Lisa Nichols, in No Matter What, refers to the honesty muscle as a critical component of moving forward in our lives. To get to where we really want to be, we have to know where we are; we have to be honest with ourselves. When it comes to our finances, this can be extremely challenging on many levels. To know where we truly are means that we have to discuss money, a very private, personal, and sometimes painful subject. Where exactly do we do that?
A success of Financial Boot Camp is that it gives people a forum where they get to - and have to - talk about their own money. In the first few sessions, it’s a challenge to convince the group that its not only ok to talk about their own money, but also to ask each other direct questions. We’re raised in a society that frowns on open discussions about money, yet we’re expected to know how to manage it. In the Boot Camp group we’re working with now, honesty has appeared in a number of ways:
- Some have been honest with themselves and the group that they really don’t like how they are earning money;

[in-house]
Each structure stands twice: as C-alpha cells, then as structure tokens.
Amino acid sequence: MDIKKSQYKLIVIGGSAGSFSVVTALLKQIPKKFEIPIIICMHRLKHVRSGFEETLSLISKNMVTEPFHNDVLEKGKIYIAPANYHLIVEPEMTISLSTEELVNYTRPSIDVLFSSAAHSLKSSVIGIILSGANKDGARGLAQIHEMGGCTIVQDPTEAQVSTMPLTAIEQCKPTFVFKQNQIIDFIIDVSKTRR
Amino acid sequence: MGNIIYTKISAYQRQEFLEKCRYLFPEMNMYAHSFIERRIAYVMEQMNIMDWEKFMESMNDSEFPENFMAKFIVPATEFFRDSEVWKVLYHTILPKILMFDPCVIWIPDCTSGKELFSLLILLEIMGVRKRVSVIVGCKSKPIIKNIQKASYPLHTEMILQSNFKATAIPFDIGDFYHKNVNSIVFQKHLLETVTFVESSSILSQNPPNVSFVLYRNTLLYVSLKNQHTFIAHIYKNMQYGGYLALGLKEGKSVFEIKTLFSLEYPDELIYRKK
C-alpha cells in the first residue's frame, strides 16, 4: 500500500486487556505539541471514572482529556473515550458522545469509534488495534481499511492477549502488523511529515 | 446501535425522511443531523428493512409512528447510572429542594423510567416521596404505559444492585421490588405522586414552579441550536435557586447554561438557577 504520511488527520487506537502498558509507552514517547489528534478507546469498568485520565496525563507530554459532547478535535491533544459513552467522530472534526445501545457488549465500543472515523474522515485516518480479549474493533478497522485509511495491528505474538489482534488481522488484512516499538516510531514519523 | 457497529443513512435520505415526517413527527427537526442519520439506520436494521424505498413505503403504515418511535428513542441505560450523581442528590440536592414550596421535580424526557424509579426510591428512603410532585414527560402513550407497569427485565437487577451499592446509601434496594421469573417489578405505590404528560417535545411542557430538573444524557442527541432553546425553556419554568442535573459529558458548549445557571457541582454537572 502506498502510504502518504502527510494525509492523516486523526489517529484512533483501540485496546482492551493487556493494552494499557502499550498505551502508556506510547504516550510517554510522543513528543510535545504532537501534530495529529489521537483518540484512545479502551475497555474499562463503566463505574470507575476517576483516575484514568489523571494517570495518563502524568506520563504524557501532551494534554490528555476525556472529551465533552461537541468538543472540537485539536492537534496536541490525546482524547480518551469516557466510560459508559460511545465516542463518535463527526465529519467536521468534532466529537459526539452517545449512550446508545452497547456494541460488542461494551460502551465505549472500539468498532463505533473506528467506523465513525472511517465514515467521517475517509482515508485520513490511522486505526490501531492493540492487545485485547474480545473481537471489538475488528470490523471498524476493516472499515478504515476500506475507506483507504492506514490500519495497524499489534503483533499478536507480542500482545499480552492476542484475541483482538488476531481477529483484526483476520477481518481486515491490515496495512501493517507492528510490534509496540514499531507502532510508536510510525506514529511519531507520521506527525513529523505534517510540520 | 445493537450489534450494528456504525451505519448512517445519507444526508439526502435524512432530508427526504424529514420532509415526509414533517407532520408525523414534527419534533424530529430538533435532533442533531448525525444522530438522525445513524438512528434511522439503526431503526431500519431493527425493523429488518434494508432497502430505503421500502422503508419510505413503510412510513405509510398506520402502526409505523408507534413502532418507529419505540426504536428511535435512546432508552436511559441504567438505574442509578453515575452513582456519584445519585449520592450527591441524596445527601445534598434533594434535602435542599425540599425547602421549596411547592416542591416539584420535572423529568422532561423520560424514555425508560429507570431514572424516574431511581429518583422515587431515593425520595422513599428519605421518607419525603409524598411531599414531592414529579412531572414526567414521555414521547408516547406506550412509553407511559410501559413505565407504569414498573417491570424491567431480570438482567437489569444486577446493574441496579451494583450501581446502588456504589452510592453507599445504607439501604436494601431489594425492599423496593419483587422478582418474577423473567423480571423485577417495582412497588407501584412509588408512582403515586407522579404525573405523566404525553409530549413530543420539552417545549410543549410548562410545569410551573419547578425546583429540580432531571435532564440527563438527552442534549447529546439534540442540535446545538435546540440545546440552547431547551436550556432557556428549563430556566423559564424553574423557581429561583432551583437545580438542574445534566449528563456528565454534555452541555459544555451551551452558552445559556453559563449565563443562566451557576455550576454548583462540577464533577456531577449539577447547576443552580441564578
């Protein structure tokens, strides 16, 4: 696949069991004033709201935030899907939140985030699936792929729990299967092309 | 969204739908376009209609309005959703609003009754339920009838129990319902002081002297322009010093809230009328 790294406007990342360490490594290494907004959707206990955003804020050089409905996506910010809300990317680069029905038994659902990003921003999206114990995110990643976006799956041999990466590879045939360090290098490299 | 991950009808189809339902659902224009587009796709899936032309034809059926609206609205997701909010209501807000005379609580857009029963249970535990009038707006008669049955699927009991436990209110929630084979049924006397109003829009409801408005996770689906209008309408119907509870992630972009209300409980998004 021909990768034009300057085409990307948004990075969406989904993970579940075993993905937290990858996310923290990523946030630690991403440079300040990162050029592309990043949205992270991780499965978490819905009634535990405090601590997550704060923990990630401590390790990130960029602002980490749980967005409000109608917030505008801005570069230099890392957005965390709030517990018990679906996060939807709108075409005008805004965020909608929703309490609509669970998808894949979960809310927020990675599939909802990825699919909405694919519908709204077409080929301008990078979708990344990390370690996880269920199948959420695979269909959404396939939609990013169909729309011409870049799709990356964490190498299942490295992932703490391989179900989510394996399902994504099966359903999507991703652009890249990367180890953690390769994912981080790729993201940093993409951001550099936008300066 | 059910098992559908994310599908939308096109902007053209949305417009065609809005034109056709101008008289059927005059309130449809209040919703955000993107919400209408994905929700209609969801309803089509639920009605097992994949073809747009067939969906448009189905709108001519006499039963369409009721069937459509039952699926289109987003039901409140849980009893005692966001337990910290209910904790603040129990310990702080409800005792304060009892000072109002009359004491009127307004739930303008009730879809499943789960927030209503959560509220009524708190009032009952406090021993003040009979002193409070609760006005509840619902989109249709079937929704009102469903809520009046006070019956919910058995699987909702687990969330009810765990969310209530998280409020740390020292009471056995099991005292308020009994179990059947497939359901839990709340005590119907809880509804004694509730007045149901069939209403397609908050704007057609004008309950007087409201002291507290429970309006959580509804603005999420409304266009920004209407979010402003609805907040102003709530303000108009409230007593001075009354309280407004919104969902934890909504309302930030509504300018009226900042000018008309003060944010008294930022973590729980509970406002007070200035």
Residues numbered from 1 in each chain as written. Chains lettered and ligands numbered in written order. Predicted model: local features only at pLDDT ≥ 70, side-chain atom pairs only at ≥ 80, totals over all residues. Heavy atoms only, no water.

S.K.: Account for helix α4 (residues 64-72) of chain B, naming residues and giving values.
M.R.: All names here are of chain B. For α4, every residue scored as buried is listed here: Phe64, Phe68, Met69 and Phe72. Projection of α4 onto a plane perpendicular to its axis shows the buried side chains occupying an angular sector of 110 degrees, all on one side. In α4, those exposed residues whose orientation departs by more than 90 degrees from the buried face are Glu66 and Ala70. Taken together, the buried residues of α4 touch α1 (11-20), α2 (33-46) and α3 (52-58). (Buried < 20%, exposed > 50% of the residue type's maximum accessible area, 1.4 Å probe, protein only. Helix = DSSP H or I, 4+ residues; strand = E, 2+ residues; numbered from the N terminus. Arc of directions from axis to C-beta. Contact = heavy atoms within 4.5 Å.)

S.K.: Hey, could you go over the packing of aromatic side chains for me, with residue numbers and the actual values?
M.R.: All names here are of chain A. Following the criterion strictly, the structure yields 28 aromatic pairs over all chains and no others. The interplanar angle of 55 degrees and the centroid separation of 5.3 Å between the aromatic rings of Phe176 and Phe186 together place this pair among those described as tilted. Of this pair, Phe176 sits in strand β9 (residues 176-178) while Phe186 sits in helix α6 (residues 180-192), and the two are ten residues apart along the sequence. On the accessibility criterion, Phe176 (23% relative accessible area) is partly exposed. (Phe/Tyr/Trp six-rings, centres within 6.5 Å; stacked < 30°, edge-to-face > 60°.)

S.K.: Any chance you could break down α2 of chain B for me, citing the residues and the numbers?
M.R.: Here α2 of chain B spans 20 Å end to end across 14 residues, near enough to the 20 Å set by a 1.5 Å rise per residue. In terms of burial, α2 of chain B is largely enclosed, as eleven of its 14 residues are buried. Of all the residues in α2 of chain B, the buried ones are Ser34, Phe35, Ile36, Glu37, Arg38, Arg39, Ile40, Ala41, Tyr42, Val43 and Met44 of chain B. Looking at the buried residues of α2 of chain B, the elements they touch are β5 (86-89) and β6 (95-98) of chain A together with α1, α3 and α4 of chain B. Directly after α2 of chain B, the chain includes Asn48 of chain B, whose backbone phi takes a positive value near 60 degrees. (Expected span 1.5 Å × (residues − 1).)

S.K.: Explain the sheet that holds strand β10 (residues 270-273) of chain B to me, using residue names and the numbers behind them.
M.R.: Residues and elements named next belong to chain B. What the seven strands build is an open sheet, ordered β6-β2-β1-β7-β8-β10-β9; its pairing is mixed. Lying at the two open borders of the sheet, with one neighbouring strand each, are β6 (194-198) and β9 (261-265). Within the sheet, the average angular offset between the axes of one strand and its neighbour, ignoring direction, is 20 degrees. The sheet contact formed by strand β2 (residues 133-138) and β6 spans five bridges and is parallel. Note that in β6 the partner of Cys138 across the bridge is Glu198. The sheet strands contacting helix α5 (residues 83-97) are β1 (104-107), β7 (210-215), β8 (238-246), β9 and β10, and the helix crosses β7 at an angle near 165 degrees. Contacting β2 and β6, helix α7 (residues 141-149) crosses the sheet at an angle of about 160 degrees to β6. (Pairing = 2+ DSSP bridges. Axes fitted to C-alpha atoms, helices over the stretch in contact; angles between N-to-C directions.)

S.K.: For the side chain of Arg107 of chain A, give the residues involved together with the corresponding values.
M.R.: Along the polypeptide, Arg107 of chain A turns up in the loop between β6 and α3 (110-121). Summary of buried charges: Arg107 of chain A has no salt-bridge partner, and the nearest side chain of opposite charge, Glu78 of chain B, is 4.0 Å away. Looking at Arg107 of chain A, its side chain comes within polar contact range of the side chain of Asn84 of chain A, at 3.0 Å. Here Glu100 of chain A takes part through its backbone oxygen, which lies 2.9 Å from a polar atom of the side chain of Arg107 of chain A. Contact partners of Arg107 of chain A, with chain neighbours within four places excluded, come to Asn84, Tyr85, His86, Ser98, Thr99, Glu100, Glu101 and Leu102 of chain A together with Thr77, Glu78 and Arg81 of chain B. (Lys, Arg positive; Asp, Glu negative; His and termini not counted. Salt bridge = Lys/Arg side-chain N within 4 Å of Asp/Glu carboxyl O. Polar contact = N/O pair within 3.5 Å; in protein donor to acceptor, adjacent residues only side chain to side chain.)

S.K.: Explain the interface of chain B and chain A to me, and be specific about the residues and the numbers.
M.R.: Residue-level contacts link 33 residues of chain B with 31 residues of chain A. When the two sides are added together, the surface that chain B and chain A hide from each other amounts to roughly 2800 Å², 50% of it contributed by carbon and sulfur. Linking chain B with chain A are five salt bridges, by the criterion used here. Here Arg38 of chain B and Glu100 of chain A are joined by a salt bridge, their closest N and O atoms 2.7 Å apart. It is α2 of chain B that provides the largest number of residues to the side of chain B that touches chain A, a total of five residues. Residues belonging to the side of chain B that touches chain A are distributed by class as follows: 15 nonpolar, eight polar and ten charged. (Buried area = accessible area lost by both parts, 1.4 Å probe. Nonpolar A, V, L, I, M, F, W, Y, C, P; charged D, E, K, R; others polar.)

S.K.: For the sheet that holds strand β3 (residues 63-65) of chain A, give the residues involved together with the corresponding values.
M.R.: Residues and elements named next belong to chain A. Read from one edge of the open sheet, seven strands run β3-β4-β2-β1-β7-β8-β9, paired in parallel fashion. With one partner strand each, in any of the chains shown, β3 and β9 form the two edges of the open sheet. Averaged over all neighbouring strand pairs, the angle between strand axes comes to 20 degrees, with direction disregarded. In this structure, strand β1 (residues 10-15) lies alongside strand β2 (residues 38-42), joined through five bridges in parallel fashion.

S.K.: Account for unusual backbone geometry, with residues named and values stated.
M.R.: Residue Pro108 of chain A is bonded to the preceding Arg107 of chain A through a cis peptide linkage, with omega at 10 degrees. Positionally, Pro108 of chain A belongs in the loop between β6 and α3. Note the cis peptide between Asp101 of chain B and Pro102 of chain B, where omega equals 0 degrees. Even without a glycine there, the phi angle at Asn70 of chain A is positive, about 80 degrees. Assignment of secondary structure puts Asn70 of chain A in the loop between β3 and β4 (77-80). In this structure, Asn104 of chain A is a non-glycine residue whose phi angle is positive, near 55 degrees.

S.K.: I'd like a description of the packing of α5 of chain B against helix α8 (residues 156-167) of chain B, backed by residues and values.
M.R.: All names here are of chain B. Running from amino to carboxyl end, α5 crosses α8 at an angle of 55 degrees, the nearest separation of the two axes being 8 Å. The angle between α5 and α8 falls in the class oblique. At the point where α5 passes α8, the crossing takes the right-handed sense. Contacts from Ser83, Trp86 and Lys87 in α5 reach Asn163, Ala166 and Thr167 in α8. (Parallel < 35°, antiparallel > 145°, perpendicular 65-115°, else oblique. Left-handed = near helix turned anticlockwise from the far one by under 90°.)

- Some have been honest with themselves and the group that how they have invested money makes them unhappy and discontent; and
- Some have been honest about their lack of clarity with their monthly spending.
Some of the group, if they had listened to their own little voices, knew these things before Boot Camp. With some, you could see the light bulb of honesty and realization come on right before our very eyes. To get to where we really want to be, we have to know where we are; we have to be honest with ourselves, and sometimes others. Each one of the Boot Camp group has used that honesty to make movement in their lives, movement toward where they really want to be.